The current global market crisis could provide an opportunity for the world financial system to reconstruct itself to promote “green” growth, the top United Nations climate change official said today in New York.
“Governments now have an opportunity to create and enforce policy which stimulates competition to fund clean industry,” Yvo de Boer, Executive Secretary of the UN Framework Convention on Climate Change (UNFCCC) told reporters.
The demand for energy worldwide is expected by surge more than 50 per cent by 2030, he said, requiring a $22 trillion investment – half of that in developing nations – in energy supply infrastructure. Massive increases in greenhouse gas emissions would result unless those funds are earmarked for clean energy, he stressed.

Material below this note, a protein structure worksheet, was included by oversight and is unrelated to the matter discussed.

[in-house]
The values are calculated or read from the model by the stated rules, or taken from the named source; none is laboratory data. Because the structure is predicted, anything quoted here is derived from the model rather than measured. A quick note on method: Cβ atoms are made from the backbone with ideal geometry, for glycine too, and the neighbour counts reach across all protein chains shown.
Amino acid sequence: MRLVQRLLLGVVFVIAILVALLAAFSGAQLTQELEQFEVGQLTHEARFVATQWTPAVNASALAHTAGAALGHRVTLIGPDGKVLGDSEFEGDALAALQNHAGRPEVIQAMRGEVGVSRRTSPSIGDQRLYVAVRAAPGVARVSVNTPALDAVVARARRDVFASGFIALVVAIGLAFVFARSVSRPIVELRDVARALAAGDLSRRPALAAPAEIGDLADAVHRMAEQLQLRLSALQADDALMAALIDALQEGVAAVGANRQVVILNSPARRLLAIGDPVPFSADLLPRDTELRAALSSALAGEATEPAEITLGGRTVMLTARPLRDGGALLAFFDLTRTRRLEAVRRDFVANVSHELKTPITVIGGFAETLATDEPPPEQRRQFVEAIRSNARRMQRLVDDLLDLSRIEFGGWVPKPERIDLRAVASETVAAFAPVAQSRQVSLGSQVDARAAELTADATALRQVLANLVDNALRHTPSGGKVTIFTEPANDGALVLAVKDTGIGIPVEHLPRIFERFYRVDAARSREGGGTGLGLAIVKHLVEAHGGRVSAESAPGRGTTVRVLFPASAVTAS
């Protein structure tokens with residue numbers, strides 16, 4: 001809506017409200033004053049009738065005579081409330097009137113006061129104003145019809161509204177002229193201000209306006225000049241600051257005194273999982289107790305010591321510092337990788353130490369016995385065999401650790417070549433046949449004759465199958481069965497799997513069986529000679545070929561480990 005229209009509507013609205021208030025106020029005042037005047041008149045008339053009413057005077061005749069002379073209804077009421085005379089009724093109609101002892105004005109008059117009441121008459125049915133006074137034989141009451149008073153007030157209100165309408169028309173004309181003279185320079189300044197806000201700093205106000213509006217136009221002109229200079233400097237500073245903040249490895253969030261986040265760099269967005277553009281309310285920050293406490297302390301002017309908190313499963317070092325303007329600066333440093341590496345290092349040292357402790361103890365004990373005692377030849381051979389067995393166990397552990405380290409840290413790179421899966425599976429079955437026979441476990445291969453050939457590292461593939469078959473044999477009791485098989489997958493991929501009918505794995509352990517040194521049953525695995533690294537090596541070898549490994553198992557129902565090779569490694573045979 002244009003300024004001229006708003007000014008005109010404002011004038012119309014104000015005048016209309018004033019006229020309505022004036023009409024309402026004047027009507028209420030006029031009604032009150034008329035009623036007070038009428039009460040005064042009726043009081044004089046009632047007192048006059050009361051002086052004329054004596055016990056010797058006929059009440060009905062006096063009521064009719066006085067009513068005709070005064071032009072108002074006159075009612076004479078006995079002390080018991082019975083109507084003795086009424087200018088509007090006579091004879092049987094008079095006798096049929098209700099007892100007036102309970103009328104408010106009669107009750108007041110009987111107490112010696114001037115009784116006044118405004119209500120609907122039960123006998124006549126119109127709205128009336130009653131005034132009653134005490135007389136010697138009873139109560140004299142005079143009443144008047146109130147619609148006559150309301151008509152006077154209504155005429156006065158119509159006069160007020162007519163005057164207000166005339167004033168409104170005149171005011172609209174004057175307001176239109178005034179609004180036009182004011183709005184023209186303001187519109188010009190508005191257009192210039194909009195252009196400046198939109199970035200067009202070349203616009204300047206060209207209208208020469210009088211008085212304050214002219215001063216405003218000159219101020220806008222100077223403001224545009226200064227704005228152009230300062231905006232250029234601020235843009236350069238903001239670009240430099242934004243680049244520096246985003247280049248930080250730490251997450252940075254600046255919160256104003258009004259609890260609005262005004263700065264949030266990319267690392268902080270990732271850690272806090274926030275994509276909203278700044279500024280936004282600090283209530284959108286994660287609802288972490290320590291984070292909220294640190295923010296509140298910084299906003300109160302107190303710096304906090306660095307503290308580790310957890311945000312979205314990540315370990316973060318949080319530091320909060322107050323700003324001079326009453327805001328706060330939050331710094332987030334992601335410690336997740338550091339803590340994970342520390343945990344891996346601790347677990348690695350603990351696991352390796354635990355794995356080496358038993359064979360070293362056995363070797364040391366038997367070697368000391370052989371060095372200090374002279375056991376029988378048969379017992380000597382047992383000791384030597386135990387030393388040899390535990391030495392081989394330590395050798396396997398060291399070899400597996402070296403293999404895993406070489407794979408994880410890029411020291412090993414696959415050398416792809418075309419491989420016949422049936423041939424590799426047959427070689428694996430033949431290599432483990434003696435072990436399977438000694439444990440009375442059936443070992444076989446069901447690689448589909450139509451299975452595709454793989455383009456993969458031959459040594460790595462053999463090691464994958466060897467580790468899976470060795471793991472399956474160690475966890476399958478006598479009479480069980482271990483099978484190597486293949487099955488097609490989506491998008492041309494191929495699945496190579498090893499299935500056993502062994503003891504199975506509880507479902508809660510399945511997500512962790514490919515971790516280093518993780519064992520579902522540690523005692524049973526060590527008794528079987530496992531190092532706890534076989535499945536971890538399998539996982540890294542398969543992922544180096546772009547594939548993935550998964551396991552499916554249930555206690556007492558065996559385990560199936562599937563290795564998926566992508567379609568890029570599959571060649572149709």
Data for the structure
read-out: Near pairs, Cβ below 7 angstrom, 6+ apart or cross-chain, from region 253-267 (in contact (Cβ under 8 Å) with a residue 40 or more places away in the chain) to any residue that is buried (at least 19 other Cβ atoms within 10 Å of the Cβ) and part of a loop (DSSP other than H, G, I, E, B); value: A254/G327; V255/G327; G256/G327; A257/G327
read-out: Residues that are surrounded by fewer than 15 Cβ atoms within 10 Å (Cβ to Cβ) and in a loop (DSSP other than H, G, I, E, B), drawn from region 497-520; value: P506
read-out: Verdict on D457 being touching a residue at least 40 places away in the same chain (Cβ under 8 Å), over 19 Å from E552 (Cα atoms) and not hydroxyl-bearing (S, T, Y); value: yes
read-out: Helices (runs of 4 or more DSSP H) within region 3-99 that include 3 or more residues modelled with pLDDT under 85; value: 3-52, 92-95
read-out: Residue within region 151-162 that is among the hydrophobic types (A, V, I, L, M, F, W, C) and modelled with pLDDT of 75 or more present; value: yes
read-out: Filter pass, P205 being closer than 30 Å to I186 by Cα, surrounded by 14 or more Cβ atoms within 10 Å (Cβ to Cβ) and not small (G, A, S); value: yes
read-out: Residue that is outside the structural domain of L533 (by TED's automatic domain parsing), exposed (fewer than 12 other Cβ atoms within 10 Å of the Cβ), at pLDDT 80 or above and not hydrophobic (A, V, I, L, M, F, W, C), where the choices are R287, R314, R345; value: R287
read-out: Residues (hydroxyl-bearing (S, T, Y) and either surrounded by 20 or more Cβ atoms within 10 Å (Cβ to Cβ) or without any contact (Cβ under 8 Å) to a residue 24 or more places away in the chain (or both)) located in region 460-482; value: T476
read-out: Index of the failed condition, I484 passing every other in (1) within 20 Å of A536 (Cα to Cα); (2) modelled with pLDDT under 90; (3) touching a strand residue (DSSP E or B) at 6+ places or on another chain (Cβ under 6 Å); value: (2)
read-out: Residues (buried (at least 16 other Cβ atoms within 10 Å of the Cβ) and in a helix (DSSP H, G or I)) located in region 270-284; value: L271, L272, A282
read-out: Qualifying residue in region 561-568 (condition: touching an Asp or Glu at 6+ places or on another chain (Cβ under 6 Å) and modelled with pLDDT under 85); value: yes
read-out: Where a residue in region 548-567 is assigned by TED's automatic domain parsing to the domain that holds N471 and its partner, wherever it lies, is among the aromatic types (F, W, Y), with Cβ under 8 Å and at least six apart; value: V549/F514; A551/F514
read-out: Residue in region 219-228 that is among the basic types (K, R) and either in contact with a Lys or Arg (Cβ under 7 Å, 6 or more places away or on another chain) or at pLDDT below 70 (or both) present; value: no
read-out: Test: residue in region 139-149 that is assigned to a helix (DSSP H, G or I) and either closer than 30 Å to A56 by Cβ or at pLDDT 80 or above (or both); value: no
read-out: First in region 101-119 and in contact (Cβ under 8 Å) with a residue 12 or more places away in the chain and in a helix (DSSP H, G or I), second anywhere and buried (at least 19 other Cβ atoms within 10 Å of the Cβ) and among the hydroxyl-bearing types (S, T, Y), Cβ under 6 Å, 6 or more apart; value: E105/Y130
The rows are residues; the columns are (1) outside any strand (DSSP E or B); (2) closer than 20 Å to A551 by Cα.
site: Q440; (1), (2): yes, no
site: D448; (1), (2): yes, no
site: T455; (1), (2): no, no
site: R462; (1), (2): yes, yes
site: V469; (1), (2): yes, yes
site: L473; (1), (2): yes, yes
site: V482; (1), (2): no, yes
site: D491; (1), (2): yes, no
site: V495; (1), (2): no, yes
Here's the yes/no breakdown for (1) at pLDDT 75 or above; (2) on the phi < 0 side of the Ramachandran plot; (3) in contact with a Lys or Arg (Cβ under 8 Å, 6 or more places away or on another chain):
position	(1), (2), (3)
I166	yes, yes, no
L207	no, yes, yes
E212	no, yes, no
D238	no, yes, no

For the first time since last December’s landmark UN Climate Change Conference in Bali, where countries agreed to launch formal negotiations to reach a long-term global agreement on climate change, dozens of environment ministers will meet next week before the next set of talks in the Polish city of Poznan begin in December.
The Poznan conference will be crucial since it will be the first time that a text, for a successor pact to the Kyoto Protocol, will be discussed, Mr. de Boer said.
“It will be very important, in that context, that ministers focus their attention on a shared vision of cooperative action,” he noted.
While there has been much talk regarding what developed and developing countries must do to slash emissions, little emphasis has been placed on the infrastructure and resources that poorer nations require, the Executive Secretary said, calling on leaders at Poznan to make the necessary commitments.